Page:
Advances in Colloid and Interface Science     Full-text available via subscription   (Followers: 18, SJR: 2.314, h-index: 130)
Advances in Computers     Full-text available via subscription   (Followers: 16, SJR: 0.223, h-index: 22)
Advances in Dermatology     Full-text available via subscription   (Followers: 12)
Advances in Developmental Biology     Full-text available via subscription   (Followers: 11)
Advances in Digestive Medicine     Open Access   (Followers: 7)
Advances in DNA Sequence-Specific Agents     Full-text available via subscription   (Followers: 5)
Advances in Drug Research     Full-text available via subscription   (Followers: 22)
Advances in Ecological Research     Full-text available via subscription   (Followers: 45, SJR: 3.25, h-index: 43)
Advances in Engineering Software     Hybrid Journal   (Followers: 26, SJR: 0.486, h-index: 10)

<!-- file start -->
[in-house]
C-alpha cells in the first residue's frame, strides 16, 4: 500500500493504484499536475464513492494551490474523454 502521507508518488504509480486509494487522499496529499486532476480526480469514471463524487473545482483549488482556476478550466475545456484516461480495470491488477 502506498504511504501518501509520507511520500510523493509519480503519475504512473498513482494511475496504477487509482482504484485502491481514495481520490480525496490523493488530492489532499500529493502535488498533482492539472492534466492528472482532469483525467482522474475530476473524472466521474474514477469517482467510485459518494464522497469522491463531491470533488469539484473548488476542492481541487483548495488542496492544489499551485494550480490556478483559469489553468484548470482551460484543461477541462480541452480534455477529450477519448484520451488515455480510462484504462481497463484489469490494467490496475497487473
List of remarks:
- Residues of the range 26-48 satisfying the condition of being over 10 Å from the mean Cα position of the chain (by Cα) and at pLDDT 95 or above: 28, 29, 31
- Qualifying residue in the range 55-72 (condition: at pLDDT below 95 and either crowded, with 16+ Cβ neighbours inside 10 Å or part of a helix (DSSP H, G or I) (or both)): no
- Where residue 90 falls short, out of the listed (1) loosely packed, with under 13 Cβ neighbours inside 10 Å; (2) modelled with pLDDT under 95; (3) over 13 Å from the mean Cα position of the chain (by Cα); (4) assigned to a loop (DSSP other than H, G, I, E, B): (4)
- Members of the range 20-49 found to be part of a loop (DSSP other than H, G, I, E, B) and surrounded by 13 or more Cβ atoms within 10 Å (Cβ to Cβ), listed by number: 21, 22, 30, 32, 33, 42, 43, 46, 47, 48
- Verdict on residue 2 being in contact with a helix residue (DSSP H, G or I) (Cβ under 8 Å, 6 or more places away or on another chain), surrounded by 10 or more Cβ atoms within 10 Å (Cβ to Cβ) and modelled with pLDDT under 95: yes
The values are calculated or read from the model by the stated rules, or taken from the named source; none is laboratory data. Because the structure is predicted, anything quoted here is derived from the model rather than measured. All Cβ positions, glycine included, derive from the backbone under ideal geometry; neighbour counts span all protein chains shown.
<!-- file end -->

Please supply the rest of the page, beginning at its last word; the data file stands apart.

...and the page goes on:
Advances in Experimental Biology     Full-text available via subscription   (Followers: 7)
Advances in Experimental Social Psychology     Full-text available via subscription   (Followers: 43, SJR: 5.465, h-index: 64)
Advances in Exploration Geophysics     Full-text available via subscription   (Followers: 3)
Advances in Fluorine Science     Full-text available via subscription   (Followers: 8)
Advances in Food and Nutrition Research     Full-text available via subscription   (Followers: 51, SJR: 0.674, h-index: 38)
Advances in Fuel Cells     Full-text available via subscription   (Followers: 16)
Advances in Genetics     Full-text available via subscription   (Followers: 15, SJR: 2.558, h-index: 54)
Advances in Genome Biology     Full-text available via subscription   (Followers: 11)
Advances in Geophysics     Full-text available via subscription   (Followers: 6, SJR: 2.325, h-index: 20)
Advances in Heat Transfer     Full-text available via subscription   (Followers: 22, SJR: 0.906, h-index: 24)
Advances in Heterocyclic Chemistry     Full-text available via subscription   (Followers: 9, SJR: 0.497, h-index: 31)
Advances in Human Factors/Ergonomics     Full-text available via subscription   (Followers: 26)